International ratings agency Standard & Poor’s (S&P) upgraded Russia’s sovereign rating to 'BBB-' from 'BB+' with a stable outlook on February 24, returning Russia to the sought after “investment grade” rating category on the back of the end of a two-year long recession and several pleasant surprises that suggest the economy is growing faster than expected.
The S&P upgrade gives Russia a hat trick of investment grade ratings. Rival agency Fitch chose the same day to confirm Russia’s ratings at BBB- with a positive outlook, the agency said in a statement. The third major international ratings agency Moody's Investors Service rates Russia at Ba1, an investment grade, and upgraded the country’s outlook to positive from stable on January 25.
Among the good signs were Russia's solid fiscal performance, real progress in cleaning up the banking sector, surprisingly strong industrial production numbers, another set of strong PMI index results and an unexpected pick up in corporate borrowing. The official forecasts for growth and the federal budget deficit this year is a modest 1.5% and a painful -3.4% GDP respectively, but both those estimates are already looking way too pessimistic; many analysts are predicting at least 2.5% growth in 2018 and even Minister of Economy Maxim Oreshkin said during the Gaidar Forum in Moscow in January there is a good chance the federal budget will be in surplus by December.
“The upgrade reflects the track record of prudent policy responses that as allowed the Russian economy to adjust to lower commodity prices and international sanctions. [The government] demonstrated commitment to fiscal restraint and an enhanced fiscal policy framework have reduced medium-term risks of fiscal slippage. Finally, despite the ongoing clean-up of the banking system, the Central Bank of Russia (CBR) measures have preserved fiscal stability. Credit to the private sector has started to recover, which we view as a sign of improved monetary transmission,” the ratings agency said in a press release.
Investment grade opens doors to new moneyMarket players expect demand for Russian state bonds to increase as major international funds require two investment grades as a minimum to invest in a country’s financial instruments.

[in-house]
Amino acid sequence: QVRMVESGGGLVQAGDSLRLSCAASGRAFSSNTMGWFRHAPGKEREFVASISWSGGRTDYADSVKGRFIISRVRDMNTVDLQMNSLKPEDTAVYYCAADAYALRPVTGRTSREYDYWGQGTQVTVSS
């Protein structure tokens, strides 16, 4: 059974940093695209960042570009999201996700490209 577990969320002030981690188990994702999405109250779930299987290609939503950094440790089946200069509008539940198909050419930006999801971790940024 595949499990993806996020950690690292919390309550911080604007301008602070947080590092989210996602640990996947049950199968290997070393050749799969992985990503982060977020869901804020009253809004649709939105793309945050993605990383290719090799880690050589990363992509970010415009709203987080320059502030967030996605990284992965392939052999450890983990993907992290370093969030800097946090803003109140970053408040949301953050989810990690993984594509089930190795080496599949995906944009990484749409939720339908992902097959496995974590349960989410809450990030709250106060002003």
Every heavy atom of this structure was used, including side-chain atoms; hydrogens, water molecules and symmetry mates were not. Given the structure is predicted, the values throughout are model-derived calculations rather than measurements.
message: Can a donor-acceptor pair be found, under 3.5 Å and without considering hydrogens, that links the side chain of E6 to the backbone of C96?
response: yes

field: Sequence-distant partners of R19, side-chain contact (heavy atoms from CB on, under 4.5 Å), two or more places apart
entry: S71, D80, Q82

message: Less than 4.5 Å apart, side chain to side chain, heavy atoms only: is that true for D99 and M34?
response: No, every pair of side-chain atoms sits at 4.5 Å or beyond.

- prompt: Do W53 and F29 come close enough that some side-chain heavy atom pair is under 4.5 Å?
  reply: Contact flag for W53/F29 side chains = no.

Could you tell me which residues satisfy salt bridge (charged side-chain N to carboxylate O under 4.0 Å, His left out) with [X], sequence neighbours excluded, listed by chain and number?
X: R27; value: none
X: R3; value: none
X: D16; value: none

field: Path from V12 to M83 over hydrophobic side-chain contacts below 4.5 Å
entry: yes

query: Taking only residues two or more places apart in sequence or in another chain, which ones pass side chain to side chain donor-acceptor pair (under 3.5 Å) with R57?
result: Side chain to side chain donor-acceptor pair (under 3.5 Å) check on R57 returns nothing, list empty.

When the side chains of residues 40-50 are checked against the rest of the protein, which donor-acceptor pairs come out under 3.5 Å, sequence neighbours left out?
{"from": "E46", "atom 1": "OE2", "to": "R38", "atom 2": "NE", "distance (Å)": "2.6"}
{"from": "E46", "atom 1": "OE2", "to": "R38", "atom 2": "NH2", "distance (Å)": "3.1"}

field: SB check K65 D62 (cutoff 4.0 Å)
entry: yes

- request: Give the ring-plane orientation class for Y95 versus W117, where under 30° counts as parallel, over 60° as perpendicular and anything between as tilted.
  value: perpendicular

The investment grade status opens Russia up to a new class of investor like US pension funds that are not allowed to invest in junk graded assets. It will also cause an inflow of passive money by index tracking funds that also require investment grade sovereign ratings. However, both these inflows will be muted by the US sanctions on Russia.
Oreshkin welcomed the news, saying: “This opens a path for increased investment lending and expands the possibility of financing the infrastructure debt.” Oreshkin added that the floating exchange rate and careful targeting of inflation “significantly reduced the dependence of the Russian economy on oil prices."
The rerating of Russia represents a catch up with the government’s success in deal with the imposition of international sanctions in 2014 when Russia’s rating was cut to junk status.
Initially investors worried that Russia would not be able to meet its debt obligations – worries that only got worse when Russia was hit by the double whammy of the collapse of oil prices the same year. However, Fitch noted that the general government debt has since fallen to 15.5%,of GDP in 2017, one of the lowest in the BBB category, and that the government can easily meet these debts from the improving tax collections.
Recession overThe crisis is finally over and two years of economic contraction – the first backwards movement since president Vladimir Putin took office in 2000 – finally ended in 2017 as Russia’s economy returned to growth.
Preliminary figures from Rosstat show that Russia’s economy turned the corner in 2017 and GDP grew by 1.5%, which was slightly less than nearly all forecasters had expected thanks to a “technical recession” in the last part of 2017. Russia is recovering but the recovery remains fragile.
Now the pace already seems to be picking up. One of the pleasant surprises already in was a better than expected performance in industrial production, which expanded by a strong 2.8% in January y/y after contracting in both November and December, Rosstat said on February 16.
This backs up the PMI index results that measures activity in the productive parts of the economy. Business activity growth across the Russian service sector remained strong in January, despite the pace of expansion easing to a three-month low, according to a report by IHS Markit published on February 5. The IHS Markit Russia Services Business Activity Index stood at 55.1 in January, down from 56.8 in December, but still remaining above the no-change mark of 50.0 and indicating "a strong expansion in output among Russian service providers".
"The Russian service sector indicated a solid start to 2018, with strong expansions in output and new business," Markit economist Sian Jones commented., adding that anecdotal evidence of the survey links improved business activity to more favourable economic conditions and greater new order volumes...MUCH MORE.